- Get Hard Copies of Records: Bring hard copies of medical records, marriage certificates, birth certificates and Social Security cards with you on the plane. Keep them in your carry-on bag so that there is not chance they’ll get lost en route. You will need to have these important documents, especially immunization records, as you settle into your new country.
It’s here, D-Day. You are prepped for your overseas move.
What you need the day of your move:
- Up-t0-date passports, both tourist and official
- Secured pet transport (if applicable)
- Stored, sold or shipped your vehicles
- Hard copies of important records in hand
- Belongings have been packed, crated and (hopefully) shipped
You are now in for a very long flight to your final destination.
Whether you are flying commercial or on the Patriot, you’ll want to double-check that you have:
- A variety of snacks because plane food gets very old, very fast
- Your important records
- All your passports
- Military orders
- Fully charged individual devices
- Extra charger
- Blankets and pillows
- A boatload of patience
After You Move
You made it! You have landed, a little jet-lagged but hopefully in one piece with all your people and pets. If you have travelled via commercial air, you’ll need to go through airport immigration and customs. However, you should not need a visa. Your official DoD passport(s) and military orders plus area clearance should suffice. Patriot passengers should have landed at their new home base where immigration and customs is expedited.
Your sponsor or other unit designee should pick you all up from the airport/air station and bring you to your temporary lodging facility (TLF). This is where you will wait out the first few weeks while you quarantine due to COVID-19 (based on DoD guidance in December 2021).
Following your quarantine, you will likely need to attend a welcome aboard brief which outlines the SOFA agreement and country-specific information. In Japan, you may be given the opportunity to take your driving test at this brief.
Once you have attended the welcome aboard brief and checked in administratively to your new unit, you will likely be cleared to begin hunting for housing. Your housing options will be specific to where you are living. In some locations, you may be required to live on base as the first choice. Other duty stations may provide you the choice of on or off base.
Your sponsor will also help you get set up with your on-base mail. All mail should be sent to this new address, which will being either an APO or FPO box number. NOTE: this does not generally apply if you are stationed in Alaska or Hawaii! You’re still technically in the USA, just not in the lower 48 states.
Official Terminology for Your OCONUS PCS
Throughout the whole process, you’ll be learning a new vocabulary!
Study this military terminology to help you better understand what everyone is talking about:
- JTR: Joint Travel Regulation is a big one-stop-shop to everything military moving. This big document outlines the rules about moving everywhere, not just overseas. However, it is especially important to read when you’re moving OCONUS because special circumstances may apply.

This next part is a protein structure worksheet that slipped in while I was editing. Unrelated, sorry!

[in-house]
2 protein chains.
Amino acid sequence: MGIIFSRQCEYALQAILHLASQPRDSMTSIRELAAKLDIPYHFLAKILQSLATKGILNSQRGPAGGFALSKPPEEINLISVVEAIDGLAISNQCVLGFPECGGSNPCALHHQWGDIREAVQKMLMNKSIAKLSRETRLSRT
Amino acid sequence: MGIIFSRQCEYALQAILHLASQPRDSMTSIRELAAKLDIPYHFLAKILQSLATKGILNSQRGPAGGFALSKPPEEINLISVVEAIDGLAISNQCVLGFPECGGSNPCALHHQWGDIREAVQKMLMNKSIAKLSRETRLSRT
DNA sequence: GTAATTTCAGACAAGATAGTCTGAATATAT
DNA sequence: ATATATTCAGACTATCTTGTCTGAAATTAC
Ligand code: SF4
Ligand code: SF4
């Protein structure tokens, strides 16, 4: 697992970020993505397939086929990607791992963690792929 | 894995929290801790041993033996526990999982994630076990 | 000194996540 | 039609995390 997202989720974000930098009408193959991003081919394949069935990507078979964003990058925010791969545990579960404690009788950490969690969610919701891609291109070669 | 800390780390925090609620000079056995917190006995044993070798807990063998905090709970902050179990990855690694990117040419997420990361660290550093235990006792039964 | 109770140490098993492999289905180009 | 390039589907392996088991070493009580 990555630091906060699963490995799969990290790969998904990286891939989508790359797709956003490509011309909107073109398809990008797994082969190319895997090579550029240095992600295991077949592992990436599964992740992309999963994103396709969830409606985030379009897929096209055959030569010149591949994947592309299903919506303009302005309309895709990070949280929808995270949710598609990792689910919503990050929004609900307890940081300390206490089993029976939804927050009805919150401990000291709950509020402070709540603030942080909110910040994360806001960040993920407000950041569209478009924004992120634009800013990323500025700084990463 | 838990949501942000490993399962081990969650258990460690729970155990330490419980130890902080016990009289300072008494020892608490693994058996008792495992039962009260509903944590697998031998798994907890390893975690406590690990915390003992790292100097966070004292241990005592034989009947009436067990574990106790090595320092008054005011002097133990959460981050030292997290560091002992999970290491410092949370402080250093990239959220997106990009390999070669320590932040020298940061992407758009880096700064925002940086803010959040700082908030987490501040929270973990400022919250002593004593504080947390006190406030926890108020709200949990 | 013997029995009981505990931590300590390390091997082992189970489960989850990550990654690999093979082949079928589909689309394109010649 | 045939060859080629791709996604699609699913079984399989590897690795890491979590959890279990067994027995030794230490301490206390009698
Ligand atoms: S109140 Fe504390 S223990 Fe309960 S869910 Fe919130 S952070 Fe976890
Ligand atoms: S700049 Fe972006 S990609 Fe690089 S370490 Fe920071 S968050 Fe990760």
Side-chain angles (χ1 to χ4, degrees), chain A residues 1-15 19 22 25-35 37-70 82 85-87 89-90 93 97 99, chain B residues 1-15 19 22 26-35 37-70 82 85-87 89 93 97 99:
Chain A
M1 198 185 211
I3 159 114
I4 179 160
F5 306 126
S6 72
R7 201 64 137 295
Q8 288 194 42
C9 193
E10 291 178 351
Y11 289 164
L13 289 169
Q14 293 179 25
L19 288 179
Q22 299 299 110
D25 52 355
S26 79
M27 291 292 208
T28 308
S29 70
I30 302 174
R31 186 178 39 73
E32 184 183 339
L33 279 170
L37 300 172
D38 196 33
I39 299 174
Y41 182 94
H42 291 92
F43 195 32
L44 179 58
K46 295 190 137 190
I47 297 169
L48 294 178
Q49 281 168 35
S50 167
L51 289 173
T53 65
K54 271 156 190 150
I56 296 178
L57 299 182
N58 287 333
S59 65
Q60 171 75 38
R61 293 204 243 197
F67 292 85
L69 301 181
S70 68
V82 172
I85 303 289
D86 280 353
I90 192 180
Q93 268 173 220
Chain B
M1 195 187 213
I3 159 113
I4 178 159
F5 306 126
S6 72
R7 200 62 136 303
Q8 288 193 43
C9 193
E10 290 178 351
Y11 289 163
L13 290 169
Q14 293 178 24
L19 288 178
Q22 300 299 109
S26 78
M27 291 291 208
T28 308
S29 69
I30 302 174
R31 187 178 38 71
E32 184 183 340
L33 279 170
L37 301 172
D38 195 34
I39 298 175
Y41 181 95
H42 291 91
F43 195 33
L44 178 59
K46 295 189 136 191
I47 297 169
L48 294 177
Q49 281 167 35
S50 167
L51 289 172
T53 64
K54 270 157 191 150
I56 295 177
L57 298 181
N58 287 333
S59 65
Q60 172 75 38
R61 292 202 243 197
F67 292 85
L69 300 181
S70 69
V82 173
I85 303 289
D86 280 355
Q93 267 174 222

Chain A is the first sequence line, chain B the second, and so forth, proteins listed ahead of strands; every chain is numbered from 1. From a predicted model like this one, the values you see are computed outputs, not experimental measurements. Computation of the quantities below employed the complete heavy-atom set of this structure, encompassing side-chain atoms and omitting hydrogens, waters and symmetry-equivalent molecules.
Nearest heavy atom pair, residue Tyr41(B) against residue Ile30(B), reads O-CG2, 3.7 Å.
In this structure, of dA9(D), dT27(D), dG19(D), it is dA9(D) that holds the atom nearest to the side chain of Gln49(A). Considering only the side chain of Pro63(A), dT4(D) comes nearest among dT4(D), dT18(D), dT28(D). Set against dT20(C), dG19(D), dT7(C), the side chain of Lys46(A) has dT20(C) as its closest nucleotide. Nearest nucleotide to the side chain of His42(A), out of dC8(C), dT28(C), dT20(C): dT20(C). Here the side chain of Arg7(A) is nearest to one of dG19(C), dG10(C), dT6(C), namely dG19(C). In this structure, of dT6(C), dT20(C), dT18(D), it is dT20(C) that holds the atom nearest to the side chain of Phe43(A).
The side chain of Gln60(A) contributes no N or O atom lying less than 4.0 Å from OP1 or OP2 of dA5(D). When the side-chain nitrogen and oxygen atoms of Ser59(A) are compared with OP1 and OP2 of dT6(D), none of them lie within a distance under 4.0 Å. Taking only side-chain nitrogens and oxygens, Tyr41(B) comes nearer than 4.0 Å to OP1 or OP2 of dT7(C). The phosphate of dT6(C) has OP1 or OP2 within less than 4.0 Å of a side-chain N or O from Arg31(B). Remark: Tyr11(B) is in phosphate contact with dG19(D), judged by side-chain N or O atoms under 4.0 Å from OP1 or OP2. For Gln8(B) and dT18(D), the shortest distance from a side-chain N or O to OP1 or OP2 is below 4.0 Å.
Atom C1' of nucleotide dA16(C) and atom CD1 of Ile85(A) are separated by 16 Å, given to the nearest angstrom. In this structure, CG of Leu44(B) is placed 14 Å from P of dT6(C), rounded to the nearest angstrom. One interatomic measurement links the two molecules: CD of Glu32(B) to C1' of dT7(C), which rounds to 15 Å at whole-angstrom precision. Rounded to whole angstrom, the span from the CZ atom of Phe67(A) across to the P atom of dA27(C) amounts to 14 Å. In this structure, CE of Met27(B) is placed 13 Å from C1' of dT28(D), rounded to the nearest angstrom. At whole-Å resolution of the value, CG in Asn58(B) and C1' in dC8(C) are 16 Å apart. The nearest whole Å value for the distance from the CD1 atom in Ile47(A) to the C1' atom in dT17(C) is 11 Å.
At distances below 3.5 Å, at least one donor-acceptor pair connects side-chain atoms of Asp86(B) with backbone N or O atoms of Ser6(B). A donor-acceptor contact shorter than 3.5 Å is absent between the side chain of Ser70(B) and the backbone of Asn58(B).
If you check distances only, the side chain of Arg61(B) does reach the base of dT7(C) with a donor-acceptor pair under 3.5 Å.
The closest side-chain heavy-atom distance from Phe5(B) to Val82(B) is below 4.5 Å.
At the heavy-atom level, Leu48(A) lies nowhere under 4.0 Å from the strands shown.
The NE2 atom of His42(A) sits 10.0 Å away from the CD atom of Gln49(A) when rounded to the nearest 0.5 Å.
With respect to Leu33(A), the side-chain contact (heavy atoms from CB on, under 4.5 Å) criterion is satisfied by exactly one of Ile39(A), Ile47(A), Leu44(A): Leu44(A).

- TMO: Transportation Office or the people and systems that handle your move, including booking flights and arranging for packers and movers.
- Medical Clearance: a series of medical and administrative appointments you and all dependents must complete prior to being “cleared” to go overseas. Not all medical conditions are able to be fully supported by military medical staff OCONUS. This is designed to help prevent those with unsupported diagnoses from arriving in a location where care is not available.
- Area Clearance: the final check in the box to moving overseas. After all paperwork, including medical clearance, is complete, everything is submitted to someone in your next duty station. They check the paperwork over and either accept or deny each individual.
- Patriot/MAC Flight: the US Air Force-operated flights to/from OCONUS bases and the US. The JTR has regulations that route PCSing military families onto these flights over commercial flights.
- OCONUS: outside of the continental United States. Basically, every international country plus Alaska and Hawaii.
- SOFA: Status of Forces Agreement, which governs how US military-connected residents operate in your new home country. In some countries, it might limit your work opportunities to on-base or pre-approved industries only. In other places, it imposes rules about driving. Knowing your country’s SOFA agreement is important!
- ROM: Restriction of Movement or when you are required to be located in one or more specific places due to extenuating circumstances, like limited liberty or COVID-19 quarantine
- Sponsor: a person or family connected to your receiving unit who will help your family settle in. They should provide transport, assistance with acclimation and securing lodging upon your arrival
- APO/FPO: Army Post Office and Fleet Post Office, or basically the “town” portion of your new OCONUS address
- AP/AE: Asia-Pacific or Africa-Europe, the continental location where you are living. This acts as the “country” portion of your new address.
- DoDEA: Department of Defense Education Activity: on-base public schools for military children assigned to a particular duty station
Getting Connected Overseas
One of the biggest struggles no matter where you move is getting connected. Luckily, there are tons of resources to help military families find new friends! Many people meet forever friends on the Patriot Express flight or welcome brief. You’re all stuck in the same proverbial boat, right?